The prize essay competition on research papers in the field of financial risk management and regulation is organised by the Financial Markets Group with the generous support of Deutsche Bank.
The Award is given to outstanding LSE PhD students or LSE MSc students who intend to pursue a PhD at LSE. LSE PhD or MSc students who graduated one year previously are also eligible to apply.
Inna got the prize for her paper entitled: 'Credit Risk Spillovers, Systemic Importance and Vulnerability in Financial Networks'. The first prize was awarded to John C.F. Kuong from LSE Finance for his essay: 'Self-fulfilling Fire Sales: Fragility of Collateralised Short-term Debt Markets'.
Further Information can be found at the Financial Markets Group website.
Major Review Award, LSESU Student Led Teaching Excellence Awards and Class Teacher Awards
LSE Major Review Award
We are very pleased to report that Dr Francesco Nava, who was offered tenure this year, has been given a Major Review Award. These awards recognise LSE faculty who have received outstanding feedback from their students, and who have been actively engaged in developing innovative approaches to course design and delivery.
Asked to comment on his teaching ethos, Francesco said, “I try to cater to all types of students, bearing in mind differences in background and in learning pace. I encourage participation and questions during lectures, and I spend a considerable amount of time after lectures clarifying materials to the least advanced students, or providing advice and guidance to the most advanced. The best experience that I have every year is seeing some of the students, who were initially less advanced, progress and excel over their programme.”
LSESU Student Led Teaching Excellence Awards
The Student Led Teaching Excellence Awards (previously known as the LSE Teaching Awards) recognise those who “offer crucial guidance and teaching services and who play a major role in shaping the learning experiences of LSE students”.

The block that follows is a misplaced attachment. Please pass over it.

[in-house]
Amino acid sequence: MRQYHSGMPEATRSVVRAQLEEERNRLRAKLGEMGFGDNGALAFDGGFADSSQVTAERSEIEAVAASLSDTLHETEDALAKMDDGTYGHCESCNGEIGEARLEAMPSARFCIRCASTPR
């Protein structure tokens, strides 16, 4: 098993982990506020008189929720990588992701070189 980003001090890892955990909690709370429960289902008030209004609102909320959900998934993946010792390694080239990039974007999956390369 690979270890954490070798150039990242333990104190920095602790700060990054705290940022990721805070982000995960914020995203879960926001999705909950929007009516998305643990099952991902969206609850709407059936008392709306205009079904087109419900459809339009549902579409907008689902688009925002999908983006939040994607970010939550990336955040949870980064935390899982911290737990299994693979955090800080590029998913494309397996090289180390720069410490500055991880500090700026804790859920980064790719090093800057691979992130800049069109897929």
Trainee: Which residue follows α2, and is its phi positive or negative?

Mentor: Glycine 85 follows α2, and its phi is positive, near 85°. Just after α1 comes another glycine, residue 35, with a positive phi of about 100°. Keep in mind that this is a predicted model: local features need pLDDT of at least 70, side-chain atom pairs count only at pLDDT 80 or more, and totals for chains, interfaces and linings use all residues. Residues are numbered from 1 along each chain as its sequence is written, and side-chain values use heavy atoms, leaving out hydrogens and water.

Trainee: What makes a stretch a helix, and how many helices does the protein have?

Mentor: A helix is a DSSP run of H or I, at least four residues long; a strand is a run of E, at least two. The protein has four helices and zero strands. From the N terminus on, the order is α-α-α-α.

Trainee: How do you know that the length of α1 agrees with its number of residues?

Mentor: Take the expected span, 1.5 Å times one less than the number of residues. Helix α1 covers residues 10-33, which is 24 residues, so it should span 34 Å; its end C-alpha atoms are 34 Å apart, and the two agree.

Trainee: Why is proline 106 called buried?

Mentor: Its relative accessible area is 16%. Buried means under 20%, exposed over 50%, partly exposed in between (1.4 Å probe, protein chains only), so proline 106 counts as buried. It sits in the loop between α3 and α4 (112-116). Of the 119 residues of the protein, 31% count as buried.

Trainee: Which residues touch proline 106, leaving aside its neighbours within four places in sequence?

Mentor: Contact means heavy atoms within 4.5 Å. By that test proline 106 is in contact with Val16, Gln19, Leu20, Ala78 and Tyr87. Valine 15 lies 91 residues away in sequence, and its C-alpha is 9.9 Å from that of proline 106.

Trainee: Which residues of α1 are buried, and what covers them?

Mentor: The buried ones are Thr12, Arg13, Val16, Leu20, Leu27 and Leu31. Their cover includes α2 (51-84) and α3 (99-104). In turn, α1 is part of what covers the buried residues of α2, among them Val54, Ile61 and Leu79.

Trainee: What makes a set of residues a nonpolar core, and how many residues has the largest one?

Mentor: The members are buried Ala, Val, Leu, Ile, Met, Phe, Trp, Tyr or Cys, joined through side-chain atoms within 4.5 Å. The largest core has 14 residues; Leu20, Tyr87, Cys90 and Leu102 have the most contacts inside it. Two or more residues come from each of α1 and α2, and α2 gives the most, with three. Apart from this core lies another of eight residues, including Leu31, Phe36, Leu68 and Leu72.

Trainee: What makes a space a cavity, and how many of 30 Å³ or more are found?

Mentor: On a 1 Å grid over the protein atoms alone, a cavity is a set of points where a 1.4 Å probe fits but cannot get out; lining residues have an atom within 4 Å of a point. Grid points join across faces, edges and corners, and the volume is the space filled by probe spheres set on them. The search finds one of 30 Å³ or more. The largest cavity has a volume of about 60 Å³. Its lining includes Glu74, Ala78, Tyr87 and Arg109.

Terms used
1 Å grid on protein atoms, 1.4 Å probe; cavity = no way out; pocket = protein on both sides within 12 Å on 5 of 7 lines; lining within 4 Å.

Over 450 members of staff were nominated this year, so competition was intense, but we are proud to say that two of our PhD students were highly commended for their work as Graduate Teaching Assistants. Rosie Coleman, LSESU Education Officer, explained the rationale behind their selection.
Award for Innovative Teaching: Highly Commended
This category recognises those “going beyond the traditional role of teaching, providing exciting perspectives and cutting edge research to their students’ learning and enhancing this learning with technology”.
Nicola was highly commended for employing “out of the box methods to make every class different”.
Rosie said of his commendation: “Nicola has a unique and well-structured approach to teaching, always bringing something new to the class in order to make it more interesting. At the start or end of each class, Nicola shows two or three videos, articles or pictures which remind students of the core principles or important context to microeconomics. Additionally, he creates PDFs on his website to clarify problems and improve understanding.”
Award for Excellent Feedback and Communication: Highly Commended
This category is awarded to those teachers who are “approachable, responsive, providing excellent feedback and being willing to use innovative communication to help their students develop and understand”.